The J.C. Hubinger Museum in Cardwell is a vital community-owned facility of the Cassowary Coast Region. Its location on Australia’s National Highway One beside the Pacific Ocean in the centre of Cardwell is ideal for people travelling through to get a quick glimpse of the fascinating local history. The Cardwell & District Historical Society maintains and runs the museum under an honorary lease arrangement, in conjunction with the Regional Council.
A heritage-listed building, the museum dates from 1892 and was originally the Cardwell Shire Hall and centre of Shire administration. For around 80 years it was the principal venue for most of the formal and social history that is now recalled in the exhibitions within.
Our museum has survived many cyclones, including two of the four most intense yet recorded along Australia’s east coast according to the Bureau of Meteorology: an un-named cyclone which devastated Innisfail and the government’s Aboriginal settlement at Mission Beach in 1918, and cyclone Yasi in February 2011.
Many treasured and precious exhibits were lost or damaged in cyclone Yasi, and major reconstruction of the building was undertaken. The rear section of the museum, which includes the concert stage, remains complete from the original 1892 building. This section also contains the marble honour roll where it was erected by the Hubinger brothers, John and Joe, in 1922.
Our museum is part of Cardwell’s heritage precinct, which in 2016 became the Cardwell Visitor and Heritage Centre, where travellers are able to also obtain tourism information. The Centre is staffed principally by volunteers and the entire precinct is now open seven days per week: Monday to Friday 9.00am-4.30pm; Saturday 9.00am-1.00pm; Sunday 10.00am-1.00pm.
This website is another doorway to our museum and we plan to gradually expand its volumes of historic documents, photographs, videos and information, making them available to anyone wishing to browse our history from anywhere in the world.
Within Cardwell’s Visitor and Heritage precinct and next door to the museum is the Bush Telegraph, a building erected in 1870 for the arrival of the electric telegraph in Cardwell early the following year.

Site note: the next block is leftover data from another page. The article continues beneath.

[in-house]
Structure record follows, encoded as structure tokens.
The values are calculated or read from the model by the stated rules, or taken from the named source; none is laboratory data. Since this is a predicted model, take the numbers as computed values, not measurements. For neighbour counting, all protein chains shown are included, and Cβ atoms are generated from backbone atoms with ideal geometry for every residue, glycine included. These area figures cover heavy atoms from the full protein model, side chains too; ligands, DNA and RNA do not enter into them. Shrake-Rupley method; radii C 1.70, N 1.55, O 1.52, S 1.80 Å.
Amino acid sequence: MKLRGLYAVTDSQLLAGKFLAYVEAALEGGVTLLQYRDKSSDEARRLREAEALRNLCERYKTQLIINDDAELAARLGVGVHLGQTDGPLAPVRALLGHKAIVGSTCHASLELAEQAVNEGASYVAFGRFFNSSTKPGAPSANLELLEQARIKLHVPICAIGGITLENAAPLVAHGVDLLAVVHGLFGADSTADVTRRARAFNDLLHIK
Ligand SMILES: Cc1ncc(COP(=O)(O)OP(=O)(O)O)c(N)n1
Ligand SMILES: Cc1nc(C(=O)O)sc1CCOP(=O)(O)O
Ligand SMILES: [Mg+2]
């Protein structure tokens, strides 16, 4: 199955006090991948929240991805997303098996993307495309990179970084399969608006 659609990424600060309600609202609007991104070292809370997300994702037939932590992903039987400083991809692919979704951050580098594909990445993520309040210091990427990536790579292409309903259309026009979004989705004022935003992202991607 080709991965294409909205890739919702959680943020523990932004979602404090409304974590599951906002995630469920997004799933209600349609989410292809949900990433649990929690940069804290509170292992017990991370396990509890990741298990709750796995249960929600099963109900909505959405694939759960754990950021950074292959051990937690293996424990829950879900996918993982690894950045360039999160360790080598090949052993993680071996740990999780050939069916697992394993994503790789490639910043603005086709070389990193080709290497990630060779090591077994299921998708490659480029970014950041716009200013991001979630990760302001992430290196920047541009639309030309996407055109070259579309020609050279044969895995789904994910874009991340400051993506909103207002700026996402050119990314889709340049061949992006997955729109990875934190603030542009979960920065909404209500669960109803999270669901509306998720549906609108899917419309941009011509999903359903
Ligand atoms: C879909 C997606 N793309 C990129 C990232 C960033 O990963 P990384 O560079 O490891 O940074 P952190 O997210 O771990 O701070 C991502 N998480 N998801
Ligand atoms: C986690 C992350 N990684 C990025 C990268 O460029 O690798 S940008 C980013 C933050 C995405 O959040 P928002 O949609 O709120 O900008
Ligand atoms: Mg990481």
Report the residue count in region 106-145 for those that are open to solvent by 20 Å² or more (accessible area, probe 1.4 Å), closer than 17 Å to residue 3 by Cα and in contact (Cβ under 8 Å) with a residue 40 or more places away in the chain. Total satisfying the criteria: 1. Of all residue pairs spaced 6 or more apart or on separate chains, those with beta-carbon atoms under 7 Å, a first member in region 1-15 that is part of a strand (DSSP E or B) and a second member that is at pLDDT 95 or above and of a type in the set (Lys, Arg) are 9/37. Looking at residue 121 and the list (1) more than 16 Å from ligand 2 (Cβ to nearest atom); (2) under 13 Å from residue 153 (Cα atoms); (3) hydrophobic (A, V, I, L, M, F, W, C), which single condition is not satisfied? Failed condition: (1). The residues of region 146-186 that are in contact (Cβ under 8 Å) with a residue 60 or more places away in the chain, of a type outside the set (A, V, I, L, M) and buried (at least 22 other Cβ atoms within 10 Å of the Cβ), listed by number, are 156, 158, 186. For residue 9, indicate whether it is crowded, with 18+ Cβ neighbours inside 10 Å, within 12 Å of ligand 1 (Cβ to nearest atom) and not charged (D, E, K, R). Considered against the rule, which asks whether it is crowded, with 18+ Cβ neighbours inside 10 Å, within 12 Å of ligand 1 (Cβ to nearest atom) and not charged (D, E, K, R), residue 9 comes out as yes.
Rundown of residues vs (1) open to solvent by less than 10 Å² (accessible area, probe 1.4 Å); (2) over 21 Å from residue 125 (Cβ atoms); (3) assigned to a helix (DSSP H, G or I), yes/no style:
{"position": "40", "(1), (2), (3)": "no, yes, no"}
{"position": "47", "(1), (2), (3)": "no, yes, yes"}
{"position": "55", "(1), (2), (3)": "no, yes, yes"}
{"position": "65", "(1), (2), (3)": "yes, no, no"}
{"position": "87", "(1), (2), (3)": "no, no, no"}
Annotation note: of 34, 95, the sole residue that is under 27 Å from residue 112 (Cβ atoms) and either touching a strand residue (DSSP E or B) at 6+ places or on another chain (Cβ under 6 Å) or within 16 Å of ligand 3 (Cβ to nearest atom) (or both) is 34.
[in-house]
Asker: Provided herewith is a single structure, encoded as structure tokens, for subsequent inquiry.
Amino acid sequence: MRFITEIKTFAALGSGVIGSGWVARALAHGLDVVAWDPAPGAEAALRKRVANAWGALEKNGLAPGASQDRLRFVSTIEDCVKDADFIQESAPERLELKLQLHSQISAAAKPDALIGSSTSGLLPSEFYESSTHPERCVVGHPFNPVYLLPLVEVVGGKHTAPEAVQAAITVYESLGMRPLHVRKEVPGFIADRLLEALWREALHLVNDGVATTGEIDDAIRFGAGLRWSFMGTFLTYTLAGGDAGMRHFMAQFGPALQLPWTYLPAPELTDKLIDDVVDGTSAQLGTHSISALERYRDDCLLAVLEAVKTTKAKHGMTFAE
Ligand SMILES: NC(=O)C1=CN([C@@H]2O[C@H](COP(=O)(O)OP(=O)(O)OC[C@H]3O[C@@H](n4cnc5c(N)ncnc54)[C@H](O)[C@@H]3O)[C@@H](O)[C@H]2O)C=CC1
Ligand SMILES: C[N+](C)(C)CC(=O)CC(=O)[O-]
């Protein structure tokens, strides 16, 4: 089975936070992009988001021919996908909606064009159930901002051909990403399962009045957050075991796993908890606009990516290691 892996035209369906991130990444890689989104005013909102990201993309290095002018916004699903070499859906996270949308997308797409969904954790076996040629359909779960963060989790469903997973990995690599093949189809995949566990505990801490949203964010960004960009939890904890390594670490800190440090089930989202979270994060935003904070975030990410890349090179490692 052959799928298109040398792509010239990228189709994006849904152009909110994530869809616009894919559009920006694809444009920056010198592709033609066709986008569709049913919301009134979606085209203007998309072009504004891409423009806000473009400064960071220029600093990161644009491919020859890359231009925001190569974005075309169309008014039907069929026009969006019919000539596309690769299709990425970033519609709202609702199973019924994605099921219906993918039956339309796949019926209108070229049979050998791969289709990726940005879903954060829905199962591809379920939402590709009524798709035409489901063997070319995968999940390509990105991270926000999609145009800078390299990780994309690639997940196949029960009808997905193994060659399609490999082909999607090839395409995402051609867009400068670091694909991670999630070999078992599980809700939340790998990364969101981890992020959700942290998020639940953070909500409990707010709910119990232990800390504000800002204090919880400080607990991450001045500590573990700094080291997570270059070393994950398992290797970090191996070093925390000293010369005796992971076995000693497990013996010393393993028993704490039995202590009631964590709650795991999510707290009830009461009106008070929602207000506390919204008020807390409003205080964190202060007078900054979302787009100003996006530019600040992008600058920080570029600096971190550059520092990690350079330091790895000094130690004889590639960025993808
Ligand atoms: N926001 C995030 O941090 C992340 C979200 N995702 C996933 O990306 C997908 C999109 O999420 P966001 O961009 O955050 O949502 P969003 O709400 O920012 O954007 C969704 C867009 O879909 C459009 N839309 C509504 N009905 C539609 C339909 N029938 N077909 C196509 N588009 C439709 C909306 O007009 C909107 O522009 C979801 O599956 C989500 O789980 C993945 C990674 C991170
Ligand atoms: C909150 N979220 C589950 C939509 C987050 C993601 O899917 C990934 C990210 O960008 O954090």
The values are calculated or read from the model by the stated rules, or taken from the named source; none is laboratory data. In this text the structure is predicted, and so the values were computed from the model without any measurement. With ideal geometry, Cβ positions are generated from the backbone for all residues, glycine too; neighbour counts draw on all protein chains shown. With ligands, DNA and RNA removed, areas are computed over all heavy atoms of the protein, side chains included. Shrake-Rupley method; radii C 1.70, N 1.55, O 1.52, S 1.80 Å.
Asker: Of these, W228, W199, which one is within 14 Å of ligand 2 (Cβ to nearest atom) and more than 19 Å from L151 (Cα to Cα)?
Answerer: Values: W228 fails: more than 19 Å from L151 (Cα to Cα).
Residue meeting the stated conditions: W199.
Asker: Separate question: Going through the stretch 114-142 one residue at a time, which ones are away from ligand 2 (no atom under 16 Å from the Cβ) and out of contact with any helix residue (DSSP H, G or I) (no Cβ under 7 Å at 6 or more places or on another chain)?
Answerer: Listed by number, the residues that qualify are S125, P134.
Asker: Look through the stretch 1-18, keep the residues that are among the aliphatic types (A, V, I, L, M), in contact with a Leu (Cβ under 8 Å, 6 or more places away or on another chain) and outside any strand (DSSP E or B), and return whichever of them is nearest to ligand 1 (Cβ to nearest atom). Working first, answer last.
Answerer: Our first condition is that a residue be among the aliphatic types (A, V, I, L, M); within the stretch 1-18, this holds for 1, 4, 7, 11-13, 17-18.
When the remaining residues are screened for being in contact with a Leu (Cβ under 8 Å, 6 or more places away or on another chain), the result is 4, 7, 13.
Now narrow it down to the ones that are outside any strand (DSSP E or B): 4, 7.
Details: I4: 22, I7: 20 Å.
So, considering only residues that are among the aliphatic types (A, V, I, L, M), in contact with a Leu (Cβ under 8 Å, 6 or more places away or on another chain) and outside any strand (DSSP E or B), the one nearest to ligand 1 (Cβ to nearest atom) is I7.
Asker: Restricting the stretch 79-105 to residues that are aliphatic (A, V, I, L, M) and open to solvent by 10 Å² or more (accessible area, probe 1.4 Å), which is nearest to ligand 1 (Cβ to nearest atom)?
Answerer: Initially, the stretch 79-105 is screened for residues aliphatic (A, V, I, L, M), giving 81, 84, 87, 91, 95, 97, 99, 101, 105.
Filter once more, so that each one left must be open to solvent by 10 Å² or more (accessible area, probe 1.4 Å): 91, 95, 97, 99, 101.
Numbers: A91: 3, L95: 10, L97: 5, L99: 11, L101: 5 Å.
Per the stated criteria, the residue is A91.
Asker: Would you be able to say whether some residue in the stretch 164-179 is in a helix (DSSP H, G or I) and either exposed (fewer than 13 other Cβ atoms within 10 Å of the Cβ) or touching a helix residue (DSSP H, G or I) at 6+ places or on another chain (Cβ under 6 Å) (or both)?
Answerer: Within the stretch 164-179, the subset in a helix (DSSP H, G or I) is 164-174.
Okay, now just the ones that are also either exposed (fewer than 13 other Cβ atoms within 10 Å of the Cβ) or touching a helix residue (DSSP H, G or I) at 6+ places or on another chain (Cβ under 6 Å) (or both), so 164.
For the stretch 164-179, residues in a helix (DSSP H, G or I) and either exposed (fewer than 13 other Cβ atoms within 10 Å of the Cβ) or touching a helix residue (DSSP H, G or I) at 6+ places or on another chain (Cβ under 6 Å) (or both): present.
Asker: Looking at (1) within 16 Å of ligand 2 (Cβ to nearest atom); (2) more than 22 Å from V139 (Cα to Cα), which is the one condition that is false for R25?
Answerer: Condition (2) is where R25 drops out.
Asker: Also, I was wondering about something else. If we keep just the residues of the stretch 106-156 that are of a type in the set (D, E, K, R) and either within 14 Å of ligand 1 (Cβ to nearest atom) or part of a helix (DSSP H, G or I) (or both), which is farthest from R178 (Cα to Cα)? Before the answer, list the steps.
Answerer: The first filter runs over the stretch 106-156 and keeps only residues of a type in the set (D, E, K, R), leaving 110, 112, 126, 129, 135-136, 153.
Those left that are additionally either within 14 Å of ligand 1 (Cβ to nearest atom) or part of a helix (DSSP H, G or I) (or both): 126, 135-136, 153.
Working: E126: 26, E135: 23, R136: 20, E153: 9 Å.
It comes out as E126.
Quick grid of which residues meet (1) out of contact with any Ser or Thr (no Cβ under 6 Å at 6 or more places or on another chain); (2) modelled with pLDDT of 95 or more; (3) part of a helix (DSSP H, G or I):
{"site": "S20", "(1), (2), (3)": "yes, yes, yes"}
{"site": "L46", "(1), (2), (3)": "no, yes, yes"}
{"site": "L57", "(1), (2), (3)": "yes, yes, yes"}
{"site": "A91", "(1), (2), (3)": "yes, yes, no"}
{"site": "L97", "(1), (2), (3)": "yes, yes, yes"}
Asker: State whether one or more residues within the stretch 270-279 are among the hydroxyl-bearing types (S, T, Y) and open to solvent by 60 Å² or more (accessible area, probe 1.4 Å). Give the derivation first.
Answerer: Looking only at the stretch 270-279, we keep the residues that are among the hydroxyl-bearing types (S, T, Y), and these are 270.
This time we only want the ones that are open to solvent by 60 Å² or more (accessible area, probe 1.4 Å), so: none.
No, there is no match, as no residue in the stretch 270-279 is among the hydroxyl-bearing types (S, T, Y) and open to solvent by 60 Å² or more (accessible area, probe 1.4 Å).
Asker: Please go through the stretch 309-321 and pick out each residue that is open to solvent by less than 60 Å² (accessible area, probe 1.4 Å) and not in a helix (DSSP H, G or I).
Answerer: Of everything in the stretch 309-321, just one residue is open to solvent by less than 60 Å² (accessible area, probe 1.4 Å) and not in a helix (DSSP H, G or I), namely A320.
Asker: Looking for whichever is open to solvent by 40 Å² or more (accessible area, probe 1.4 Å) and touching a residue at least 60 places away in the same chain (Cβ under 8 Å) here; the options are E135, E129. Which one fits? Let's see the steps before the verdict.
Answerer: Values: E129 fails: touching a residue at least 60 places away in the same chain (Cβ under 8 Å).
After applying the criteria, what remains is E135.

The story of that major advance in communication in north eastern Australia, only six years after Cardwell was settled, is vividly presented throughout the building, which was also Cardwell’s Post Office for a century.
The Bush Telegraph, J. C. Hubinger Museum and the old Court House and gaol, together, form Cardwell’s Visitor and Heritage precinct on a single contained site. A short walk across Balliol Street is an Outdoor Museum in a large shed near the public library. It contains a collection of many historic pieces which reflect early lifestyles mainly relating to transport, life on the land and manufacturing in the blacksmith shops.
At the other (northern) end of Victoria Street (National Highway One) in Cardwell, is the Girringun Keeping Place, a museum which provides a fascinating insight into the ageless history of this region before white settlers arrived in 1864.
Direct descendants of some of the Aboriginal families who lived here at the time of white settlement still live in the district, and also contribute to productive organisational and cultural development at the Girringun Aboriginal Corporation within which the Keeping Place is housed.
In April 2015 Girringun artist, Abe Muriata, had a major exhibition unveiled at the British Museum in London. Girringun artists were commissioned to create bagu, fire spirit figures, for an international exhibition of art and culture of Oceanic people, launched at the Oceanographic Museum of Monaco at Monte Carlo in March 2016.